Qualitative field data was collected from different categories of participants in order to capture diverse views and voices. Twenty four participants were involved in individual interviews (in-depth interviews and key informant interviews): village elders (2), leader of women’s groups (1), religious leader (1), government official (1), healthcare workers (2), FGM program implementers (2), mothers of girls (5), fathers of girls (5), and girls aged 15–17 (5). Another twenty eight community members participated in four focus group discussions. The focus group discussions involved four categories of participants: younger women (aged 18–35), older women (40+ years old), younger men (18–35) and older men (40+ years old).
4.2.3 Study Sites and People
Ethiopia is a land-locked country located in the Horn of Africa. It has the second largest population in the African continent. According to projection based on the United Nations data, its population has reached 120 million in 2022 (World Population Review 2022). Ethiopia shares boundaries with six countries: Sudan, and South Sudan in the west, Eritrea in the north, Djibouti and Somalia in the east, Kenya in the south. The political map of the country comprises 9 regional statesFootnote 2 (Tigray, Afar, Amhara, Oromia, Somali, Benishangul-Gumuz, Gambela, Harari and Southern Nations, Nationalities and Peoples’ Regional States/SNNPRS) and two city administrations (Addis Ababa and Dire Dawa). The current administrative structure of Ethiopia has five levels: the Federal State, Regional States, Zones, Districts (known as woreda), and kebeles (the lowest administrative units in the country).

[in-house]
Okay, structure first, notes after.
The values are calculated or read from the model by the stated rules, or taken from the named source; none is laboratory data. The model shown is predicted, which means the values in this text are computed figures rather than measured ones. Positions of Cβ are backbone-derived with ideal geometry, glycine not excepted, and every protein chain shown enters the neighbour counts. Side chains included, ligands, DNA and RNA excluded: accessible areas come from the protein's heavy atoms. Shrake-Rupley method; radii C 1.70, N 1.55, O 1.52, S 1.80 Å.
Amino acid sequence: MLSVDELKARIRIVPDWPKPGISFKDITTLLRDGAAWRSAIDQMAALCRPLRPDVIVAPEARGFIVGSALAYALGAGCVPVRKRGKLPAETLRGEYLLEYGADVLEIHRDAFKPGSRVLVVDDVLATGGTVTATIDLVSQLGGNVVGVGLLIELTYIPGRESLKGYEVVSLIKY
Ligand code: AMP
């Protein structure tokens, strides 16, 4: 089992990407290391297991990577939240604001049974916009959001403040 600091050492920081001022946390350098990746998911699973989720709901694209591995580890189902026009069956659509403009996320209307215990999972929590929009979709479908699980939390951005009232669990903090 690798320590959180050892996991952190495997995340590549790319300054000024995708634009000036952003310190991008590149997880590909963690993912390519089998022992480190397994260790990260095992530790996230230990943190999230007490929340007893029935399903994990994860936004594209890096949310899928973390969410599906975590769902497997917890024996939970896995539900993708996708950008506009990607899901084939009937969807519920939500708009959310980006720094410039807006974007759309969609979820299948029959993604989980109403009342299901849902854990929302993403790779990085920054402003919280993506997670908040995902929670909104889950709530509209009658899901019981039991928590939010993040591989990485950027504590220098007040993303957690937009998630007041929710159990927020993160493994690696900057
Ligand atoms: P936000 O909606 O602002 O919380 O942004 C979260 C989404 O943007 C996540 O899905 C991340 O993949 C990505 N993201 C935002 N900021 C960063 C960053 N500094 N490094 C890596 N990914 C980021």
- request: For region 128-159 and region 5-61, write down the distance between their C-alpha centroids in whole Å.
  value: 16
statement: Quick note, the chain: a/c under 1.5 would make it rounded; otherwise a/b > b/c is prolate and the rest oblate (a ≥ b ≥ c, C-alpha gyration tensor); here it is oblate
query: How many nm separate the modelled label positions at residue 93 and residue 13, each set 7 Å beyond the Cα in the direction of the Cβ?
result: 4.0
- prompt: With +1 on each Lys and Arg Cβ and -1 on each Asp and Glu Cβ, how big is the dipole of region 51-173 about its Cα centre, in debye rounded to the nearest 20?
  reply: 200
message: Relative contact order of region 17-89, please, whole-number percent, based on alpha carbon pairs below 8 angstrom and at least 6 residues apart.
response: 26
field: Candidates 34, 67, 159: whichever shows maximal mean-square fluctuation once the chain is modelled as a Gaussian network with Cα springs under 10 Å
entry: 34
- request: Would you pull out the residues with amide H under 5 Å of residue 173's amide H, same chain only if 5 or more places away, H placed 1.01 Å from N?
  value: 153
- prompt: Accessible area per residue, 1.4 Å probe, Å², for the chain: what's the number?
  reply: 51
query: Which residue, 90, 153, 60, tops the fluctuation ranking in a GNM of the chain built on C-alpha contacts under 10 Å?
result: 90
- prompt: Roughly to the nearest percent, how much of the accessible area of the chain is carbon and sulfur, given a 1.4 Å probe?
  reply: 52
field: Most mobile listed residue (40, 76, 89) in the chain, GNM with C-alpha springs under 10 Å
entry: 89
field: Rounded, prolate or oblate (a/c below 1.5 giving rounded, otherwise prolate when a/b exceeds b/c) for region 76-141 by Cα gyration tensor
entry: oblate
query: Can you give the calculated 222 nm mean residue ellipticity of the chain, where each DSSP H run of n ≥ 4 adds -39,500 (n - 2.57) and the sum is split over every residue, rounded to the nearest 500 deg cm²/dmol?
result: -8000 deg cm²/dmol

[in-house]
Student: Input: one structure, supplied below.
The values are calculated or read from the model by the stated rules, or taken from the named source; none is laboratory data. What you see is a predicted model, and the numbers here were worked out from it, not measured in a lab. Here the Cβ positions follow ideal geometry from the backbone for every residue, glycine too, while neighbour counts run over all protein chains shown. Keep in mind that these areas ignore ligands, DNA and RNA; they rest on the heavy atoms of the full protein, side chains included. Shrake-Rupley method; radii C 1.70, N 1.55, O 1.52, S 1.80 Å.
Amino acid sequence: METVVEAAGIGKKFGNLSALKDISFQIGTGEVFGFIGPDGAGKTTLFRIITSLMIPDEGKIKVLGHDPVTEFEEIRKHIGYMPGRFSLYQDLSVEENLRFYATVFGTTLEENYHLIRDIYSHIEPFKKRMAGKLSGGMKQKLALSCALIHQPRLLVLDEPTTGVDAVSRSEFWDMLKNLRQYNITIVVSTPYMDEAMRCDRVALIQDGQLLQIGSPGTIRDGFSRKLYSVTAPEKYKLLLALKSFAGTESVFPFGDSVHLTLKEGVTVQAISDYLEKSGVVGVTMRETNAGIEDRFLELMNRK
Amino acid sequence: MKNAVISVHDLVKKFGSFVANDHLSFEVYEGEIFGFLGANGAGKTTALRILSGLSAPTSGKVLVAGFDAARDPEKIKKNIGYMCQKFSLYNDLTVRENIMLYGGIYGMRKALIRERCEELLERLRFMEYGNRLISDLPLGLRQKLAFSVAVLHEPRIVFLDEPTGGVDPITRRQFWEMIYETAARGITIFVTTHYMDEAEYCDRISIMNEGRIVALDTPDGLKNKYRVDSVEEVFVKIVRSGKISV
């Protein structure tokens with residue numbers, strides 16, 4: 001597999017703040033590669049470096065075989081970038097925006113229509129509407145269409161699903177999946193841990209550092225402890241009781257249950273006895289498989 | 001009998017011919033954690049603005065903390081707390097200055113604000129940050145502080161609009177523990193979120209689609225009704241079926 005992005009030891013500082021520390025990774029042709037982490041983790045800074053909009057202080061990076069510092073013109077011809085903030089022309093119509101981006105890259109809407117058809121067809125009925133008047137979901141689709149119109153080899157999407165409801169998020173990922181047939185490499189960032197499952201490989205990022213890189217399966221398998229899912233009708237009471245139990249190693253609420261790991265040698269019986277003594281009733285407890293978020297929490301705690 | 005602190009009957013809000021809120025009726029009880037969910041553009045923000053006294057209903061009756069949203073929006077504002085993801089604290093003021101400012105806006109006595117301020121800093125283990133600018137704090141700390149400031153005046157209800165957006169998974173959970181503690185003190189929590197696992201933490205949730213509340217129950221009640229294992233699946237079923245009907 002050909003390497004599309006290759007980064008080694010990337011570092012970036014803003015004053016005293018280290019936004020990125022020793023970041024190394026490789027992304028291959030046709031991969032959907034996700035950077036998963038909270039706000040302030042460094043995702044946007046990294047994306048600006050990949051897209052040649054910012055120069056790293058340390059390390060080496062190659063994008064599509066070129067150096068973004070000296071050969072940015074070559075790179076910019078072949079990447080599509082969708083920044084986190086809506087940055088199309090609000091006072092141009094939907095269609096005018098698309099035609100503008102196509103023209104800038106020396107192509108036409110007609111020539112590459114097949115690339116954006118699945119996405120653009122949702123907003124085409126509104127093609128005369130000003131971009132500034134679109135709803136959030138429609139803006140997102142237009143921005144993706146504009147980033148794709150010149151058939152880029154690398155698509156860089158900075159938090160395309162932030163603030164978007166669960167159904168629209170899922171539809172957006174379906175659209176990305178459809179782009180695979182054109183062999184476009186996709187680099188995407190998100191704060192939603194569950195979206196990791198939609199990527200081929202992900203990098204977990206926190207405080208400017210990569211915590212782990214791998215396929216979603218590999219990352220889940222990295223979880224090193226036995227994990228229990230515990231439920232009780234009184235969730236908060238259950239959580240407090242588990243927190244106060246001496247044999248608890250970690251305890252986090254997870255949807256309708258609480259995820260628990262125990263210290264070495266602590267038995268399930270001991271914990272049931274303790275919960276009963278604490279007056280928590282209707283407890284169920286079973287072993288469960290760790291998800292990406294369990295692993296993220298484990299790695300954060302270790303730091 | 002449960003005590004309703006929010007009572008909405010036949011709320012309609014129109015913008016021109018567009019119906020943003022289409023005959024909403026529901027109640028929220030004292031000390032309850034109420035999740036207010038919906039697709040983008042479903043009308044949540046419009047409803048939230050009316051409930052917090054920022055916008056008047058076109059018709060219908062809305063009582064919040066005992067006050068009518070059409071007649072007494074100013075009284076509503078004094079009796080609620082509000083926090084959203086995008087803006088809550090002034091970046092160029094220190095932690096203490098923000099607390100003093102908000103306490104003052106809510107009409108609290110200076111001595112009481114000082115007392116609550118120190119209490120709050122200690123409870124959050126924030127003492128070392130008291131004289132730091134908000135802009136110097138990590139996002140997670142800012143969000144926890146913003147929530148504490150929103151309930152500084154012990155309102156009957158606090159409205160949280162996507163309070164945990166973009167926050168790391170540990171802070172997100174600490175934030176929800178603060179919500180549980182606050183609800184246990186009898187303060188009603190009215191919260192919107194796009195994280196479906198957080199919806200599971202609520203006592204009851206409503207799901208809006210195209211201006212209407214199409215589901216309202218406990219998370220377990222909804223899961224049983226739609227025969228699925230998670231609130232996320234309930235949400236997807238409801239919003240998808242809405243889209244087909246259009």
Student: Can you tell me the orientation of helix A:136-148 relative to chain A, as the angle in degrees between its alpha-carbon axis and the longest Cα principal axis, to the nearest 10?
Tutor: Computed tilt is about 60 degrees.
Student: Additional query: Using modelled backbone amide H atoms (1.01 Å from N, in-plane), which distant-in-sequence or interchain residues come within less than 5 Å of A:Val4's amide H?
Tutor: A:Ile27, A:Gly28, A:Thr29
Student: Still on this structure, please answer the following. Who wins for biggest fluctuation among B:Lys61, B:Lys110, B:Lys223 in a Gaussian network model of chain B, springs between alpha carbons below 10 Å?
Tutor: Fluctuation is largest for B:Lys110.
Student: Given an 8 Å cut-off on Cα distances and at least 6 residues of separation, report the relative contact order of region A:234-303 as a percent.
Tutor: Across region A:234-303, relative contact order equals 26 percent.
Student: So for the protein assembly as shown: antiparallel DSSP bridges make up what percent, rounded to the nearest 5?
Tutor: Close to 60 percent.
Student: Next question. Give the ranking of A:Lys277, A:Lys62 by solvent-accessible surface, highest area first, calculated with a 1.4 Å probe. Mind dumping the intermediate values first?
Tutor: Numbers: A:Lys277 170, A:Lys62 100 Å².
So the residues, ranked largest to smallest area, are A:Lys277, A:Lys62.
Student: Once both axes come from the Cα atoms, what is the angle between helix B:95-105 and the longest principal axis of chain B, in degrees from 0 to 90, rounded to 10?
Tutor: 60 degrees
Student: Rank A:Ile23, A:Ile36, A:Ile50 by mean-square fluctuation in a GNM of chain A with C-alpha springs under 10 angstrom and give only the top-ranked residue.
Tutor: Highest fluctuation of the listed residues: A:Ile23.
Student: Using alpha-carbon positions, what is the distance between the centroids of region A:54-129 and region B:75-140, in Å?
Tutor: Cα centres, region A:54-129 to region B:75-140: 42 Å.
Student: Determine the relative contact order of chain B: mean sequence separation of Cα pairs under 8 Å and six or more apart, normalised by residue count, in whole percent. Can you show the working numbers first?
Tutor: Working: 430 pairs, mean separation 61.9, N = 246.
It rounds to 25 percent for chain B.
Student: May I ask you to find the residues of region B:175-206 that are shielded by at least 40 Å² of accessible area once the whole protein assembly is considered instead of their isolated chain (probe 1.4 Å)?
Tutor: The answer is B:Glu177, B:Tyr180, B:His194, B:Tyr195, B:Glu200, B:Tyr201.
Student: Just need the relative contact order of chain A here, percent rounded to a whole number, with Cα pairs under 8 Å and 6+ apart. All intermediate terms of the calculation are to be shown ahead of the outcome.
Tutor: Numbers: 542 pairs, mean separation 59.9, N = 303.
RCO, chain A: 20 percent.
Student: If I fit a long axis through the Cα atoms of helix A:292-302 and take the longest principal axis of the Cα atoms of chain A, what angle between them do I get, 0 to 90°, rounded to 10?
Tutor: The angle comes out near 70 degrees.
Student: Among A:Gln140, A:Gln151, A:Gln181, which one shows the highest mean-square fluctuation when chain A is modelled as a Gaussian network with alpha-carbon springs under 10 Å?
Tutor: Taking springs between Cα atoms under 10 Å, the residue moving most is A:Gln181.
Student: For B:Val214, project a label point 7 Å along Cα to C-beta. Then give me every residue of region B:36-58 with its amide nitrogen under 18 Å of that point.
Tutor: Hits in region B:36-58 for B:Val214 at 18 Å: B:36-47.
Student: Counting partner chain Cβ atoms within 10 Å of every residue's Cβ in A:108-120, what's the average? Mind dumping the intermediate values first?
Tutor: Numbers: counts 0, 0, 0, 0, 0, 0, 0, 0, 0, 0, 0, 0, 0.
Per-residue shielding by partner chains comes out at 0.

The Somali region, from which data for this study was gathered, is the second largest regional state in Ethiopia. More than 95% of the region’s population are ethnic Somali and adherents of Islam. The Somali of Ethiopia share the same ethnic and religious identities with the Somali of the neighbouring countries: Djibouti, Somalia, and Kenya. The total population of the Somali region was estimated to be 5,748,998 in 2017 (CSA 2013). The Somali share a common language, a belief in a common ancestry, and religion (Islam). Islam plays a central role in the modern Somali identity (Adugna 2004). The major source of livelihoods for most of the Somali population is nomadic pastoralism characterized by herding livestock (camels, goats, and flocks of sheep) and agro-pastoralism, which mixes livestock herding and crop farming.
4.3 Analysis of Findings
4.3.1 Interventions: Agents and Strategies
Various agents have been engaged in FGM interventions in the Somali region. Government institutions and offices such as women’s affairs offices, health bureaus, healthcare institutions, and schools have been the major actors in the implementation of FGM programs. Other actors include local NGOs, United Nations organizations (e.g., UNICEF) and other international NGOs (e.g., Save the Children). Religious leaders and community leaders have also played a central role.
Health extension workers (HEWs) are involved, for example, in disseminating information related to FGM and educating women at the grassroots level. Healthcare workers serving at health care facilities (clinics, health centres, and hospitals) have been engaged in teaching about the health consequences of FGM and providing clinical services. School teachers also play an important role in establishing girls/FGM clubs and informing girls about the negative implications of FGM. The health education of schoolgirls has furthermore had a reverberating effect on other members of the community, mainly the parents of those girls who gained FGM-related knowledge from school clubs. Actors implementing FGM programs have employed diverse approaches to accelerate the abandonment of the practice. They have used the health approach to enhance awareness of the health implications of FGM. Religious and legal approaches have also been used to accelerate the abandonment of the practice.